I work for the White Pass & Yukon Route where I work as a section foreman. I’m also our shop steward. Our job is to maintain the track from Carcross to the Alaskan border.
The work is both challenging and rewarding. Our job is to ensure that customers have a safe and enjoyable experience on the train.
Our work is also seasonal – as is a lot of the tourism industry. Every year we’re laid off and put on recall until the line opens the next year. That also means that for a good portion of the year, we’re out of work and many of us have to apply for employment insurance, or EI.
In years past, this was a fairly straightforward process: you would fill out an application and send it in along with your employment record. Once the claim is established, you start receiving EI.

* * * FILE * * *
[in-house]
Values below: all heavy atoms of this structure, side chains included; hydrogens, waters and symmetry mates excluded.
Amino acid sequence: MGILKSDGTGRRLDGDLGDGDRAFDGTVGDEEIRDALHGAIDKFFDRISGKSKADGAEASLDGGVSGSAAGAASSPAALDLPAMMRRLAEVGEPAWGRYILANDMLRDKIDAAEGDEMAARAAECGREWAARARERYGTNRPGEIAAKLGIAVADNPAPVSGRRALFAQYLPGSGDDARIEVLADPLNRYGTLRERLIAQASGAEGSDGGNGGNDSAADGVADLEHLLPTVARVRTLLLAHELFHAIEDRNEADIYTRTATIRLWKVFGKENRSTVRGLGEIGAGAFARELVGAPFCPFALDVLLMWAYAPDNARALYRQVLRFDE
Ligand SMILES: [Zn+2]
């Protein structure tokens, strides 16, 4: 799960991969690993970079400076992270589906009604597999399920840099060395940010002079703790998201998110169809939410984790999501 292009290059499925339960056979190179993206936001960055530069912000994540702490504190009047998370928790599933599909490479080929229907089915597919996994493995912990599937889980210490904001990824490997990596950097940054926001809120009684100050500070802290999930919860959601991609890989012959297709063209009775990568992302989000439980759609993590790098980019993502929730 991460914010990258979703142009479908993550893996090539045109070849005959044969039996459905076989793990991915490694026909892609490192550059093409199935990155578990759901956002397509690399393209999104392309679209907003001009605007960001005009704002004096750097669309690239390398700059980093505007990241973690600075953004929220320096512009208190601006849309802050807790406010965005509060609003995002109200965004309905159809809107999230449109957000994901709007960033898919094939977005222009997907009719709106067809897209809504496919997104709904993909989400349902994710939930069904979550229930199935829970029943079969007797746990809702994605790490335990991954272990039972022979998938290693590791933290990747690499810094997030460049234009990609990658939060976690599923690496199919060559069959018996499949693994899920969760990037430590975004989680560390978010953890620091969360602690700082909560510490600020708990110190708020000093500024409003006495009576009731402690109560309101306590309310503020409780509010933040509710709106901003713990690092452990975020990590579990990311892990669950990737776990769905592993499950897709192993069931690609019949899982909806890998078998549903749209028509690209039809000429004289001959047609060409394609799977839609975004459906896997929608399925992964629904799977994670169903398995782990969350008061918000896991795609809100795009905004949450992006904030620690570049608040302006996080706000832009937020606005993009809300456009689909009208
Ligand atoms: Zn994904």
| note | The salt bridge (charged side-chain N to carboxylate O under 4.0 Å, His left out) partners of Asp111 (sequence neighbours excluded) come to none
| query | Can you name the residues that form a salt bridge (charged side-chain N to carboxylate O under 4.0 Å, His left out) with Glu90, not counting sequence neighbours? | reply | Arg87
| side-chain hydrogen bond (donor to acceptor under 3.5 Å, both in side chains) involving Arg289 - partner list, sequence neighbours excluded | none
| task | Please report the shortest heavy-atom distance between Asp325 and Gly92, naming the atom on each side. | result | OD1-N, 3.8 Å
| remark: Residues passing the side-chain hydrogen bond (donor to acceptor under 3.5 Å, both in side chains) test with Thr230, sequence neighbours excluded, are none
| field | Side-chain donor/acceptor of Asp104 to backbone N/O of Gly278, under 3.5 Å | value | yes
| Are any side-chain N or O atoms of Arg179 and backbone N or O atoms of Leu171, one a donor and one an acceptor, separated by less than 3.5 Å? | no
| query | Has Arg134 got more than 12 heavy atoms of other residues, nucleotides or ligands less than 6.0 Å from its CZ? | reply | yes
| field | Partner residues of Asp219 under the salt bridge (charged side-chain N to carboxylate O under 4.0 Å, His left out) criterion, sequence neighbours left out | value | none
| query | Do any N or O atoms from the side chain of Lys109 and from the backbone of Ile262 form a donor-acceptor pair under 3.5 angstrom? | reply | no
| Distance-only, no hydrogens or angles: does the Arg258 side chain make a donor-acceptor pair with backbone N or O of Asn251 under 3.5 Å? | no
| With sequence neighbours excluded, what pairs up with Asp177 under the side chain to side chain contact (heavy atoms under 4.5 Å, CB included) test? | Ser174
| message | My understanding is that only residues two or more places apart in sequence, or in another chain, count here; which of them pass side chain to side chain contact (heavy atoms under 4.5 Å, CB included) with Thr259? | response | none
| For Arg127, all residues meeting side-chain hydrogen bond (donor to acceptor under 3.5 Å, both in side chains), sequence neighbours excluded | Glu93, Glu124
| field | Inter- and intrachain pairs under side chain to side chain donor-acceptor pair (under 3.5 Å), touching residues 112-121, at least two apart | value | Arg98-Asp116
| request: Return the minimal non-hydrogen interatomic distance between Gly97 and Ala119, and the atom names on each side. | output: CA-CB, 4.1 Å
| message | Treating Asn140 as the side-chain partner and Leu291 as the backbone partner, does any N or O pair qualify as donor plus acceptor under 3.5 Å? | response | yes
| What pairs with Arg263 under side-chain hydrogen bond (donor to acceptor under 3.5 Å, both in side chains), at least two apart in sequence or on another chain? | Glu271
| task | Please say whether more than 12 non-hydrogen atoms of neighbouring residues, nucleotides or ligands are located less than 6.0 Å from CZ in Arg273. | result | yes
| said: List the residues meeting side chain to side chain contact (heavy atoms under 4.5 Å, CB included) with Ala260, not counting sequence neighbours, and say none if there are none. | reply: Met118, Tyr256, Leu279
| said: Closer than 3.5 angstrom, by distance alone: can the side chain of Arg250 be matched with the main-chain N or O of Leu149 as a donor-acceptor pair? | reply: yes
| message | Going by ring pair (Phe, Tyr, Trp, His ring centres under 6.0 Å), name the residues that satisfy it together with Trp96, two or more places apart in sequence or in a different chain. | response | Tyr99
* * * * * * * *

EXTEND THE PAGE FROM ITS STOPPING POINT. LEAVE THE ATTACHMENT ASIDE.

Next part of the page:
This fall, I was deeply disappointed to learn that my claim was running short. Recent changes to the EI program by Stephen Harper’s Conservatives means that the length of time we work during the season, usually about six months long, no longer covers our EI eligibility.
Access to employment insurance has never been an issue before. Stephen Harper’s changes have real consequences for real people like my crew and I, and other seasonal industries across the country.
We don’t go on EI because we don’t want to work. In Carcross, the White Pass and Yukon Route is the largest employer. There just aren’t other jobs when the season ends, and Carcross is no different from most other rural communities in the North.
And without access to EI, a lot of people – my crew included – face the prospect of having to apply for social assistance to put food on the table. It just isn’t right.
We need to demand better from our elected officials, and reversing these ill-conceived changes to the EI program that are putting so many people through undue hardship, all because we chose to work in an industry that doesn’t operate 12 months of the year.